The knights were originally the heavy cavalry. The word knight came to be a title, usually given by a monarch, and was regarded as the lowest level of the nobility.
A vassal was a person who had a relationship of mutual obligation with a lord. The vassal sword loyalty and obedience, and the lord granted land and protection in exchange.
A vassal could be a knight, and a knight could be a vassal, but there was nothing saying they had to be.
It goes:KingDuke/EarlCountMarquess (border areas)Barons-------------------nobility^KnightsPeasants/Mercenaries/SerfsIf you are below someone, then you are a vassal. Even a king can be a vassal. William I was king of England, but also a vassal to the king of France.
A vassal was paid for past services (mostly as a knight during the King's wars) with land. In return for getting the land, its title and its income he promised allegiance to the king (his "liege lord") and promised to support him in person and with his local men and supporters in wars to come. It's called the feudal system.
kupli. nangutana gani kita na noon ang patubagon. kupli.
The vassal has paid their monthly tribute.We submit ourselves to your empire as a vassal.
well, usually in the middle ages,cooks for knights or vassals were squires. a vassal is a knight that owned land from his lord. a squire is a knight in training.the job of a squire( age 12-16) is to serve his knight until he become one. they made meals for the knight, learned how to serve it, and also learned all the things that knights do.
Nothing. A knight could be a vassal to his liege lord. When a squire is knighted, the new knight must swear alligence to his lord. When a liege lord calls on his vassals in times of war, the vassal knights must come to fight for him.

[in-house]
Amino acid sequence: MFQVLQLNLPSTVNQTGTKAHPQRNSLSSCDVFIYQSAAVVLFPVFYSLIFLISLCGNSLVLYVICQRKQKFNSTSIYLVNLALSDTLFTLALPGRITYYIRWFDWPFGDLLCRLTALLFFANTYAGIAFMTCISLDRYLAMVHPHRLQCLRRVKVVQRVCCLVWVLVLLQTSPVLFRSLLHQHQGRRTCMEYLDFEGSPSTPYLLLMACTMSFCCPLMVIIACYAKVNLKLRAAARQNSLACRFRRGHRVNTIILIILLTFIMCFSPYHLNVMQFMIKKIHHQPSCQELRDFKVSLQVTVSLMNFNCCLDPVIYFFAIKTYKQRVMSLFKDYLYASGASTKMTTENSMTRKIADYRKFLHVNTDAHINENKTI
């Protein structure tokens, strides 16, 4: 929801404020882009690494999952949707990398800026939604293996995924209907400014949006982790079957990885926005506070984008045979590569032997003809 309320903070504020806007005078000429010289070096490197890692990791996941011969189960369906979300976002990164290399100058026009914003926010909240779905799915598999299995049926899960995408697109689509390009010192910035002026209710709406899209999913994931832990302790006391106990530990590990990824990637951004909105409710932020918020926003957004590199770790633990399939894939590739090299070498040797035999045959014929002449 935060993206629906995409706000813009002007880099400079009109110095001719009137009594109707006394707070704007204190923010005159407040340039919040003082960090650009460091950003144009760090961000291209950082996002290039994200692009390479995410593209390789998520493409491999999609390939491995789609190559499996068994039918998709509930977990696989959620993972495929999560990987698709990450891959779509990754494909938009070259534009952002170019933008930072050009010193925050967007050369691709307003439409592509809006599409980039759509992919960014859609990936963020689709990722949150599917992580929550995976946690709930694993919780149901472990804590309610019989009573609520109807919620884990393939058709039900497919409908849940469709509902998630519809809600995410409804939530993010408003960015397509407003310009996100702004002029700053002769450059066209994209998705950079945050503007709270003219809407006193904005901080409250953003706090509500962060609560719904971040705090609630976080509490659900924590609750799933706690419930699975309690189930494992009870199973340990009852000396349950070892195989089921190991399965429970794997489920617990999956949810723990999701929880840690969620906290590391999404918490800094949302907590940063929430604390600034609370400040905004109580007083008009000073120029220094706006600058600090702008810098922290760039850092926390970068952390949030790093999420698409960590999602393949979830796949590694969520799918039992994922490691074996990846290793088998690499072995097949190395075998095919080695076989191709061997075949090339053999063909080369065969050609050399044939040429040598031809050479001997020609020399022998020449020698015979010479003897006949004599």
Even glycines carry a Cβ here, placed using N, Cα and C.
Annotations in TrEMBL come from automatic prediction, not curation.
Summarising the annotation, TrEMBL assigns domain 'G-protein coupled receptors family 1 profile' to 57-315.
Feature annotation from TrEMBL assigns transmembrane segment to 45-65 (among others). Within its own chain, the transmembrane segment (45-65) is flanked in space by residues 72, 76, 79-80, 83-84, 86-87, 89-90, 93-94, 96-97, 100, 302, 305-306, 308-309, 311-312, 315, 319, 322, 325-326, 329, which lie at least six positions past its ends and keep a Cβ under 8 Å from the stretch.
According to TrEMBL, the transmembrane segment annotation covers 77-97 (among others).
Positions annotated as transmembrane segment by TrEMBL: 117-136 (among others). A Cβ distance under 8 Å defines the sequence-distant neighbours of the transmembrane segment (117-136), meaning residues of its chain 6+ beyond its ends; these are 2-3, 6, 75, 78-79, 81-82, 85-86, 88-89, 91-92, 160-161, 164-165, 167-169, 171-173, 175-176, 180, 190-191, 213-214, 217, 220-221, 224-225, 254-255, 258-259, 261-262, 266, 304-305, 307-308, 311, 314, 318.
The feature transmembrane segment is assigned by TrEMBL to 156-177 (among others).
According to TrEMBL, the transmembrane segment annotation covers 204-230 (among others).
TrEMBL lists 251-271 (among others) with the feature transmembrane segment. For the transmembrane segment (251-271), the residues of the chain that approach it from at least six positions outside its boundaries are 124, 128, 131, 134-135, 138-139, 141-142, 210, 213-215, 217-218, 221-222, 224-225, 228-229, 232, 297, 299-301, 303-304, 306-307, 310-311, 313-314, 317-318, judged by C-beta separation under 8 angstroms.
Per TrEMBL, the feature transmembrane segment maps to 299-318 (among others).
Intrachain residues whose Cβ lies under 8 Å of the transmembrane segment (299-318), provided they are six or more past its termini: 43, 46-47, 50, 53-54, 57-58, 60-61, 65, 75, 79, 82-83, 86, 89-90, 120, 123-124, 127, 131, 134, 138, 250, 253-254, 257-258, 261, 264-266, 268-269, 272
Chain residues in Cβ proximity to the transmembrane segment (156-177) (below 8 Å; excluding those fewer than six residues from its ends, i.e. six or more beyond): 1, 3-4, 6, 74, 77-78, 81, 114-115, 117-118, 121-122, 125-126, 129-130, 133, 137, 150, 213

A vassal was a person, and a fief was land. A vassal swore allegiance and support to a king, and the king gave the vassal fief to live on.
It was called the feudal system, a knight would promise the lord loyalty and protection in return for land which would make the knight a vassal. The vassal and his family now fought for the lord and they were always loyal.
It is true that a fief is the troops of knight that was granted to the vassal.
The agreement you are referring to is called "subinfeudation."
The difference between a shogun and a samurai is like the difference between a king and a knight.
A knight would often be a vassal of a more powerful noble, or subsidiary to the noble in another way.A powerful noble could also hold a knighthood himself.
A knight is...well a knight but a knave is a male servant. Two totally different things.
First, a noble would hand a bit of land called a fief to one of his most trusted being called a vassals in exchange for protection like a knight. The vassal must swear and oath that he will be loyal to his noble. A noble who gives a fief to a knight is called a lord. This vassal may hand a bit of land to another vassal, who we'll call vassal B and he shall swear an oath and so on. So one can be a lord and vassal.
A vassal was usually a knight that had been given land by his king or overlord. The vassel owed the lord time as a knight. If there was a war he had to give 2 months time, no war he gave time for training and duty to the estate.